I suppose the importance of a live album can be measured by its importance in a band’s catalogue as a whole. Is ‘Entangled In Chaos’ a mandatory release? Probably not. It’s rather high cost and lack of general reverence from the metal scene make it less than essential. But for people who are interested in hearing Morbid Angel live and raw, or simply those who want everything that Morbid Angel put out (such as myself), it’s an excellent purchase.

Concise live representation - 82%

CrowTRobot, November 21st, 2004

Drawing on material from their first four albums, Morbid Angel offered up an extremely well executed live album with "Entangled in Chaos". Running just under forty minutes, fans of the band won't find themselves bored in the least with the eleven tracks offered here. With four cuts from "Altars..", and two cuts from "Blessed..", the band's earlier material is equally represented alongside their newer material at the time. Regardless of which era one prefers, the instrumentation is top notch and the sludgy sounding reproductions of classics like "Lord of All Fevers and Plagues" and "Immortal Rites" serve only to build on the originals. David Vincent's vocals are occasionally buried under the guitars, yet they are wonderfully done. The drums aren't hampered at all by the production, which was a problem for me with live albums from other bands.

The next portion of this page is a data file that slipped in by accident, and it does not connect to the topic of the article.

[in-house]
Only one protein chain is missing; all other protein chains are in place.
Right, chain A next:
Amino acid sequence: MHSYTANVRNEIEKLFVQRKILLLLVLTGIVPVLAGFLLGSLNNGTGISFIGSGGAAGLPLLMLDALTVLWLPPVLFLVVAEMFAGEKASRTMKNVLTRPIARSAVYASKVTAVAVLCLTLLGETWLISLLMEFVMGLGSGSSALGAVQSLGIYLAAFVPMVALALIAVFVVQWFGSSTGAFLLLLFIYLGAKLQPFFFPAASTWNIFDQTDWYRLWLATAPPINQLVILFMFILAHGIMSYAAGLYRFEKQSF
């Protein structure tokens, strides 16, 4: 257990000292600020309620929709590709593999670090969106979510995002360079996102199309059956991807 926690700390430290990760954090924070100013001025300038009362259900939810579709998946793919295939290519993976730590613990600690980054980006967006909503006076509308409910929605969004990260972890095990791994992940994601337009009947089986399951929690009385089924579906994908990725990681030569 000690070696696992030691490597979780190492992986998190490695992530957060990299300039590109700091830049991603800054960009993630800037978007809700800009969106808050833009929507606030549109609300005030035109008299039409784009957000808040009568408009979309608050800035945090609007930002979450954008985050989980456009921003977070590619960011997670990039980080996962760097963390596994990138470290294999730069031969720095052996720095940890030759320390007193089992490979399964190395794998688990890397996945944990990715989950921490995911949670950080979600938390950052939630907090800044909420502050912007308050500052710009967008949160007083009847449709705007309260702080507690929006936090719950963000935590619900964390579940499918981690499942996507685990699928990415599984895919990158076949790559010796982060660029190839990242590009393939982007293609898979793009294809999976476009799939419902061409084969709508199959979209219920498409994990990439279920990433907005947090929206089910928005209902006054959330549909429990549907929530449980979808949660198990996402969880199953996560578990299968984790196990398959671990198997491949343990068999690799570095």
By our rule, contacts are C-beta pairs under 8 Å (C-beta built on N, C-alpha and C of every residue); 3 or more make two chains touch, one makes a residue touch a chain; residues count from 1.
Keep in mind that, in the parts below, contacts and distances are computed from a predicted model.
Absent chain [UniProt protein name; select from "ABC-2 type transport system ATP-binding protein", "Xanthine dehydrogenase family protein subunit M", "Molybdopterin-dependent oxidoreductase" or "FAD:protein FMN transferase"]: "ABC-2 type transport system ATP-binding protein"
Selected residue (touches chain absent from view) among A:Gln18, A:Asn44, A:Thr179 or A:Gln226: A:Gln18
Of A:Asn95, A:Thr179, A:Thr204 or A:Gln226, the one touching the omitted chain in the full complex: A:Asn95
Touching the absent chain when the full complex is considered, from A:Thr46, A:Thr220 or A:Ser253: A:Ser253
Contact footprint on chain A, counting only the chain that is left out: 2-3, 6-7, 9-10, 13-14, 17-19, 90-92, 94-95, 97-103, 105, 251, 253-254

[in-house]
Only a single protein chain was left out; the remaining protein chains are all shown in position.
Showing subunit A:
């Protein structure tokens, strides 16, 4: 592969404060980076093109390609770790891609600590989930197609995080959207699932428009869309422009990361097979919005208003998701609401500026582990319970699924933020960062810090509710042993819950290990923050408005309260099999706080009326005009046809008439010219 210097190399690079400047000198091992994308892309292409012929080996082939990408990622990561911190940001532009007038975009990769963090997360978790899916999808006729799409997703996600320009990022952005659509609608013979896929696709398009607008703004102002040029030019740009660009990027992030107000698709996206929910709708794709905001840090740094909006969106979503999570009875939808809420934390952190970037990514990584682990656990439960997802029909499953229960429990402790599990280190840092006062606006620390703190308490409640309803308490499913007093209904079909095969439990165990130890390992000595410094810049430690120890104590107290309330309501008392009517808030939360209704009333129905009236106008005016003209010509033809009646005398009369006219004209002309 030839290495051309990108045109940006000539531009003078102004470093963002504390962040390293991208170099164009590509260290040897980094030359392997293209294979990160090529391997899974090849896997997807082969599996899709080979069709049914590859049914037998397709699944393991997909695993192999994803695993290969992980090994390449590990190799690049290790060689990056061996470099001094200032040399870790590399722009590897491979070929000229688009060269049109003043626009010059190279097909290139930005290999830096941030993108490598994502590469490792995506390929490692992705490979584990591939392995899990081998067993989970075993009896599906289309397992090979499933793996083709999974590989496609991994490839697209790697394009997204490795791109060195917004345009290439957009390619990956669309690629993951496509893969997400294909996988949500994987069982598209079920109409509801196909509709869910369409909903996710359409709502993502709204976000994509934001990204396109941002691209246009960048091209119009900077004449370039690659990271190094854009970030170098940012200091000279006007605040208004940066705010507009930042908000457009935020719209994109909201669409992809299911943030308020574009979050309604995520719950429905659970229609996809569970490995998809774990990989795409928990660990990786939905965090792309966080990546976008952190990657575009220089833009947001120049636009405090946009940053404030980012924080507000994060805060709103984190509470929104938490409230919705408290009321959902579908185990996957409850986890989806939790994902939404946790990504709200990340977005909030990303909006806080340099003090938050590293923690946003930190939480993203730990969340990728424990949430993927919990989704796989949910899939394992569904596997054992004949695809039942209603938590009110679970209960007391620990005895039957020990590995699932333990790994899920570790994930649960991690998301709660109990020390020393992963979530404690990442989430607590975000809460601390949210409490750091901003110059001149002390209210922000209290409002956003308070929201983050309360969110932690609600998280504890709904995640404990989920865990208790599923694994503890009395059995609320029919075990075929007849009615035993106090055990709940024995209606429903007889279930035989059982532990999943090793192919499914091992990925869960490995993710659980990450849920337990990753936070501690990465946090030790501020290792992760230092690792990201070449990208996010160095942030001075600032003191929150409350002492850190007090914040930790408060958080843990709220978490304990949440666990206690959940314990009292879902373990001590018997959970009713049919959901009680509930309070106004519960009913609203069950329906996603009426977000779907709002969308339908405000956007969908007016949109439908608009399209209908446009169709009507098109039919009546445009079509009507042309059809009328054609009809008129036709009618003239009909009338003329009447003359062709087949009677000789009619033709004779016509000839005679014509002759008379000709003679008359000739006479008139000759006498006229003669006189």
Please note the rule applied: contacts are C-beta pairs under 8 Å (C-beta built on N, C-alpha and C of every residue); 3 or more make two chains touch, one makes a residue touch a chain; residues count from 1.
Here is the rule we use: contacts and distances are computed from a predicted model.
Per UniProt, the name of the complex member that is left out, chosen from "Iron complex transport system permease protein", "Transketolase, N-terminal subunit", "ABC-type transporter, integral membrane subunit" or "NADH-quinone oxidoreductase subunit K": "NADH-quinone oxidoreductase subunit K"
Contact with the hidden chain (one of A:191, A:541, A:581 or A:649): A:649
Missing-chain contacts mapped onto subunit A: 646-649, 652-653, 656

In closing, the only negative aspects involve the minimal deviation from the album versions of the songs, despite the different guitar sound utilized for the earlier tracks. Also, as mentioned, the vocals occasionally get lost in the mix, something that particularly annoys me. As a fan of just about every Morbid Angel album, I can't recommend this enough. Rarely is the live environment of a band captured so accurately.